First, by using Thailand as the context, this study touches upon a unique scene of the craft beer tourism movement. In Thailand, tourism plays an important role in driving the craft beer movement. Nevertheless, due to several legal constraints that favor big beer players over small brewers, limited craft-beer-related activities to promote craft beer tourism are allowed. Therefore, whereas craft beer competitions, craft beer festivals, craft beer tasting, craft beer brewing lessons, and visitations to craft breweries are common activities found in other countries to promote craft beer tourism, major craft beer tourism forms in Thailand are limited to festivals and brewery visits. How then can the craft beer tourism sector, especially small businesses, grow and be sustained in a country governed by unfavorable regulatory control?
To answer the abovementioned question, the second purpose of this study highlights the potential role of tourism experiences in driving the growth and sustainability of craft beer tourism. Taking the two dominant craft beer tourism practices in the Thai craft beer movement—namely, craft beer festivals and brewery visits—this study adopts Pine and Gilmore’s [16] four domains of the experience economy framework (education, esthetic, escapism, and entertainment) to identify salient factors which can benefit brewers and festival organizers, or craft beer tourism entrepreneurs, in several ways. First, the experiential domains can help inform craft beer tourism entrepreneurs of craft beer tourists’ motivational drivers and can be used in designing tourism experiences that enhance business outcomes and processes, such as customer satisfaction, loyalty, and the intention to revisit [10,11], as well as co-creation and innovation [17,18]. Second, craft beer tourism entrepreneurs who strive to promote the ultimate experience to tourists are likely to not only survive but excel in the longer term [15]. Therefore, this study attempts to address the following research questions. What experience domains are utilized in the Thai craft beer tourism forms, specifically brewery visits and craft beer festivals, and how could craft beer entrepreneurs adopt those experience domains in their business strategies for sustainable growth?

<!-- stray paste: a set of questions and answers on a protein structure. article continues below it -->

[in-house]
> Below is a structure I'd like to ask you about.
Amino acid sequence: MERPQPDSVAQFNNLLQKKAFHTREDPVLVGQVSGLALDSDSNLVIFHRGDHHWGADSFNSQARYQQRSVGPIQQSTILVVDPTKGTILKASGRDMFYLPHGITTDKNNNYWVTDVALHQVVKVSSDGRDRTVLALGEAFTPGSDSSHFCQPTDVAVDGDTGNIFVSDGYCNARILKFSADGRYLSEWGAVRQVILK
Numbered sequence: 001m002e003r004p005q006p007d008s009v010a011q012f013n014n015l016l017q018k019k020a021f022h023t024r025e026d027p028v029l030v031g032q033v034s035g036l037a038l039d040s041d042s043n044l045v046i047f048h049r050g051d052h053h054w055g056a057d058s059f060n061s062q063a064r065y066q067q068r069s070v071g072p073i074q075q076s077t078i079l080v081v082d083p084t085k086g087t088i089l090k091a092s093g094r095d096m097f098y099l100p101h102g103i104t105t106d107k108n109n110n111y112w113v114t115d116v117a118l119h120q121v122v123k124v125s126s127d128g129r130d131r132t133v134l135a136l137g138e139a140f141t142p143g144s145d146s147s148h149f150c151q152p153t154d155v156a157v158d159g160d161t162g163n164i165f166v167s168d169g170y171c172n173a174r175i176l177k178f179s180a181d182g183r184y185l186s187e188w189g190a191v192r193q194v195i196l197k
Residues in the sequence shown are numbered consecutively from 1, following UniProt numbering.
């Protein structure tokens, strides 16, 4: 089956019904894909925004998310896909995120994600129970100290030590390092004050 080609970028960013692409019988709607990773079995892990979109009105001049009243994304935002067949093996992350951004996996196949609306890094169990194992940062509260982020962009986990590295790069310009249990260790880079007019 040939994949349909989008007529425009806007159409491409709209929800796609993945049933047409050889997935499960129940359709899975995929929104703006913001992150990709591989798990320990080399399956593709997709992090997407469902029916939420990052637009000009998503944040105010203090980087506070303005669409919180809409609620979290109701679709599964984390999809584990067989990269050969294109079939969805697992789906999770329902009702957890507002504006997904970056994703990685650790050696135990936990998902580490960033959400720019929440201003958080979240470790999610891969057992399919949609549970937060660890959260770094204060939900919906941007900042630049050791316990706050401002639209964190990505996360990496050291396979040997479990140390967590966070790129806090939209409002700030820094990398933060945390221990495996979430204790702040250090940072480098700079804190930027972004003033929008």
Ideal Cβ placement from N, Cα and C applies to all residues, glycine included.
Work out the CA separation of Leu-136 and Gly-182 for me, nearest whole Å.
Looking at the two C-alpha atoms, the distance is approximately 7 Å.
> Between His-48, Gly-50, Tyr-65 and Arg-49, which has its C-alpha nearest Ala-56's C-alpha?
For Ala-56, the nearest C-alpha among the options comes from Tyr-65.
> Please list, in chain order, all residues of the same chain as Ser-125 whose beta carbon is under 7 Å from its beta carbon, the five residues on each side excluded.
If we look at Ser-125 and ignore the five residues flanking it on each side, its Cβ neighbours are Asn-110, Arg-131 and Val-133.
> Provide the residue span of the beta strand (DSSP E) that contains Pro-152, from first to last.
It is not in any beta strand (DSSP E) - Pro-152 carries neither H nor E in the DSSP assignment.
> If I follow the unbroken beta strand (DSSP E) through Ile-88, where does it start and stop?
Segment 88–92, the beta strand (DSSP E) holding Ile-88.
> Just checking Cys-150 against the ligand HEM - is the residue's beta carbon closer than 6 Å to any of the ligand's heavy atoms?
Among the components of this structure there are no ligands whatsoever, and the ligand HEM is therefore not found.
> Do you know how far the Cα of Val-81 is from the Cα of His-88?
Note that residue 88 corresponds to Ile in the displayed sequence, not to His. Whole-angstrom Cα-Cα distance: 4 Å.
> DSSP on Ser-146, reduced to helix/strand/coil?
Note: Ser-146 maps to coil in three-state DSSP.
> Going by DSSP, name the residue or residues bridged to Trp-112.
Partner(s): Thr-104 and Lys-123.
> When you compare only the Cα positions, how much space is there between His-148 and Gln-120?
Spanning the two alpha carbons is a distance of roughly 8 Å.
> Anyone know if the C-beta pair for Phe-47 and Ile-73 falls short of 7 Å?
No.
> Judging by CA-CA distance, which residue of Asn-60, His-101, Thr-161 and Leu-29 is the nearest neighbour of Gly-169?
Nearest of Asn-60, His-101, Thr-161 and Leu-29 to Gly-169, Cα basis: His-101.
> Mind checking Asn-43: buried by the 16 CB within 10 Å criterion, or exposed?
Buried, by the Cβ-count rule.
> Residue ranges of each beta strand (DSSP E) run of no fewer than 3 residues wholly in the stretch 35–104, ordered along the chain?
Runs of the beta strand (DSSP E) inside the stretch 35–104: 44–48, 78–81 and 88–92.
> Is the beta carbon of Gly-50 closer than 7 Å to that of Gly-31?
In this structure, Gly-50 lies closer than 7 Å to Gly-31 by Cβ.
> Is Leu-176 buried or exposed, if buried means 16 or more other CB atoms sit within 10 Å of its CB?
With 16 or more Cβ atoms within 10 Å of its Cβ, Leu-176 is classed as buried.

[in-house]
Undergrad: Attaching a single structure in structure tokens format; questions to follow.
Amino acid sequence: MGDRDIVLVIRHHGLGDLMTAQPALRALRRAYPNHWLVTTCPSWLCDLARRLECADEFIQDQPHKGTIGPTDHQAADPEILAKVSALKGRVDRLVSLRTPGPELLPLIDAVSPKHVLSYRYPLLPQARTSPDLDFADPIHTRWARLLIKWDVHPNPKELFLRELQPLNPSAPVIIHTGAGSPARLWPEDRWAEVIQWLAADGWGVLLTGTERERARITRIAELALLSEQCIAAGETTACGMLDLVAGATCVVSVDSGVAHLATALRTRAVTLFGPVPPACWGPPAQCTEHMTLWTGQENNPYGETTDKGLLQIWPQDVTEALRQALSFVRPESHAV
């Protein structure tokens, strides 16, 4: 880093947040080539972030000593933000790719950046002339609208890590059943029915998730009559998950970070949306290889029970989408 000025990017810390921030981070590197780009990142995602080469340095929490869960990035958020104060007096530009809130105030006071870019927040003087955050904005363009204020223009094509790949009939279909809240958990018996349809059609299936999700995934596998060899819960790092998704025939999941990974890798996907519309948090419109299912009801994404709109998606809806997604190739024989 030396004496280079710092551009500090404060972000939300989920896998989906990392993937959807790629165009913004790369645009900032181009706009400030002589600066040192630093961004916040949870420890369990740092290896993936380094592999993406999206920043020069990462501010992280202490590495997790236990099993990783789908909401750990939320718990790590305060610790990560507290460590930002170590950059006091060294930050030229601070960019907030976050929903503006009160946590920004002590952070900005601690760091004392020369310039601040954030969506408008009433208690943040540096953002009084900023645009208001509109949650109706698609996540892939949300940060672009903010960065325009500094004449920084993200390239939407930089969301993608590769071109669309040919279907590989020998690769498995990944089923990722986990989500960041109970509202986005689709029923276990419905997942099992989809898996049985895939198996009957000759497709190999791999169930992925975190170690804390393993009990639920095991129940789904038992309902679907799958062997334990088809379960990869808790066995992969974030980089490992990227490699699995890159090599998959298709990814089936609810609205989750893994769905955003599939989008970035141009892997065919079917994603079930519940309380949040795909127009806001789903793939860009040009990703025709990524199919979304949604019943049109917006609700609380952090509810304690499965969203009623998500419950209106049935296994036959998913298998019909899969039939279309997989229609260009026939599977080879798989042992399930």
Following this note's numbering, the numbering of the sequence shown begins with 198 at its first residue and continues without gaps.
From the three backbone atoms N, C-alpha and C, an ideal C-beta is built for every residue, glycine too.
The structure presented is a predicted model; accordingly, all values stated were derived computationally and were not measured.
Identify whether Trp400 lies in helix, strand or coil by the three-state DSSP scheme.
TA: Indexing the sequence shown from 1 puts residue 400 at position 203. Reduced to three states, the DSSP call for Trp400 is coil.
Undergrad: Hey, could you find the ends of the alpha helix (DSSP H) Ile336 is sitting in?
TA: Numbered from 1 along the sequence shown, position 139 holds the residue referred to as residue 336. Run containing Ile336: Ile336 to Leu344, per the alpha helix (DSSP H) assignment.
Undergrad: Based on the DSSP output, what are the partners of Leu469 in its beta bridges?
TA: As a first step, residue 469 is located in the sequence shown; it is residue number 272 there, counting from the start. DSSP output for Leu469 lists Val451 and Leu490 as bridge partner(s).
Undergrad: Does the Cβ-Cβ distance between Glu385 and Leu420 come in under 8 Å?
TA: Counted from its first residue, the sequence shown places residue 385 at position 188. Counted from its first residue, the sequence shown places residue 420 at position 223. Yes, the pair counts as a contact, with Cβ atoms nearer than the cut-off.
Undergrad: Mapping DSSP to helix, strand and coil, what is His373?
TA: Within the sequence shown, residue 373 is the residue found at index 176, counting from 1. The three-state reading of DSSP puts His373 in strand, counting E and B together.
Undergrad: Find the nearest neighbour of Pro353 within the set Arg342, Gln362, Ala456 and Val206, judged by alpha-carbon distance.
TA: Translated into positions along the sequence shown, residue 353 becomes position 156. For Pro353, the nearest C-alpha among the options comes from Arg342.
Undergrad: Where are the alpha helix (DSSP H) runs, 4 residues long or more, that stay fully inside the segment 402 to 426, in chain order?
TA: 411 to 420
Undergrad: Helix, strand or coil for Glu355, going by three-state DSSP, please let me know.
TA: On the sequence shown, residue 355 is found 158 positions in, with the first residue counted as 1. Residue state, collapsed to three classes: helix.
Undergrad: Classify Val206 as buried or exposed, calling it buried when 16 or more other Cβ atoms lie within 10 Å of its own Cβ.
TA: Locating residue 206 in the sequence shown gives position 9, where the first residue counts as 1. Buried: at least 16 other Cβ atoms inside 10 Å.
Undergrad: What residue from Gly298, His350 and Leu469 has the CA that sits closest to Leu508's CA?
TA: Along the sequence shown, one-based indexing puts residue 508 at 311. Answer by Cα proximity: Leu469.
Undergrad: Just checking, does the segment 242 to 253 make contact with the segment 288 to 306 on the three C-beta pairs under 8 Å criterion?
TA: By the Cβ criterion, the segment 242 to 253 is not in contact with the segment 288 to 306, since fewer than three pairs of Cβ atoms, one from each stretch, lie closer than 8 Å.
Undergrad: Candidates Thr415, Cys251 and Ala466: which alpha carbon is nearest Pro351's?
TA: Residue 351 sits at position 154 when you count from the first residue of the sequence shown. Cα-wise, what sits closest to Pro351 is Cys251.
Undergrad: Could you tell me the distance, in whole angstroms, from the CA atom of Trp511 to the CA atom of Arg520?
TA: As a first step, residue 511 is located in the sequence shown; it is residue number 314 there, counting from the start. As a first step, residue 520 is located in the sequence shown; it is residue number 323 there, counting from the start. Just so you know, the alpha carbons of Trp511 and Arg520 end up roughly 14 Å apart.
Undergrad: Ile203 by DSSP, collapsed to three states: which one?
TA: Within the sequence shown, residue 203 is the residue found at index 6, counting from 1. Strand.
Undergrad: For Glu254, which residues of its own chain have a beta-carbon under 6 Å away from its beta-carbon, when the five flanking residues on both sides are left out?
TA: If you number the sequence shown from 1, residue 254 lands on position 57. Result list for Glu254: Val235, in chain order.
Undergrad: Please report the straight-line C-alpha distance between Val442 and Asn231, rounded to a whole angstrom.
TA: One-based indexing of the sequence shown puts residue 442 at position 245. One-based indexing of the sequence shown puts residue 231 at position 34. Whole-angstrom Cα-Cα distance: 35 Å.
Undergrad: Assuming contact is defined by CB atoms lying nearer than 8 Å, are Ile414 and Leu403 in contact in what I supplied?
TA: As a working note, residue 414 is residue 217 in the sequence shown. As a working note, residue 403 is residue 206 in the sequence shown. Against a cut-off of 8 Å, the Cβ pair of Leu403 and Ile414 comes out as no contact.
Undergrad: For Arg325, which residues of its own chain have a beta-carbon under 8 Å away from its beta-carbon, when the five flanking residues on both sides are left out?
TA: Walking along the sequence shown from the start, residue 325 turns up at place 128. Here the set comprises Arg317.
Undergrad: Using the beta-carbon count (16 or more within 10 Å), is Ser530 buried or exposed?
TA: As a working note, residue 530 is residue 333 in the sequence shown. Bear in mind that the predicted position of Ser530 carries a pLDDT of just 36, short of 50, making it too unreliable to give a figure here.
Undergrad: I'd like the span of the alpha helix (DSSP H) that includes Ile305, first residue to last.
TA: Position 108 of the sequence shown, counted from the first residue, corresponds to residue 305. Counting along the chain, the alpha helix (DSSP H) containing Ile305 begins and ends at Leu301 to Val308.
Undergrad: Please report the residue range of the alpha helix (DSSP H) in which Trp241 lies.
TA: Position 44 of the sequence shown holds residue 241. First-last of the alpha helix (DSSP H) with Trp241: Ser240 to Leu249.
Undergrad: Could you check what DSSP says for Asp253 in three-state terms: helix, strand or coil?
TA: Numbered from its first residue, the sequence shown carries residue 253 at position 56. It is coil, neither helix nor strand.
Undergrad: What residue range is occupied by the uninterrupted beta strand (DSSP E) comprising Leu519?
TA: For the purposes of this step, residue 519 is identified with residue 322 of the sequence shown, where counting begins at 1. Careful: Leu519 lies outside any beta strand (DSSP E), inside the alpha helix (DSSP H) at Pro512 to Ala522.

Furthermore, this study contributes further to the body of knowledge on tourism experience by adding a fifth domain to the experience economy framework. Adding to Pine and Gilmore’s perspectives of the experience economy, this study proposes an entrepreneur experience. It argues that craft beer tourism entrepreneurs perform two main roles. First, they are an experience themselves to the beer tourists. Second, the entrepreneurs stage and manage other experience domains using different elements to provide a memorable experience. As documented below, the entrepreneur experience is associated with increasing a tourist’s overall experience.

2. Literature Review

2.1. Craft Beer Scene and Craft Beer Tourism in Thailand

Craft beer was introduced to Thailand in about 2012 and has gained increasing popularity among Thai consumers. It received approval due to its taste and texture which was relatively new to Thai beer consumers. Soon after, a number of craft beer enthusiasts began brewing beer to their preferences. The Thai homebrew beers were not only exchanged within the group of brewers but also distributed to other consumers on several limited occasions, such as casual beer events within the community.
Thai alcohol laws constitute the key factor that regulate the craft beer scene. The Thai alcohol industry, which includes the craft beer sector, is not yet liberalized—all types of production and marketing activities being controlled by the government. Thai alcoholic beverage laws prohibit home beer brewing and only allow industrial production. Furthermore, marketing activities concerning advertising, price discounts, selling times, and areas are regulated, which hinders consumption and distribution. As explained: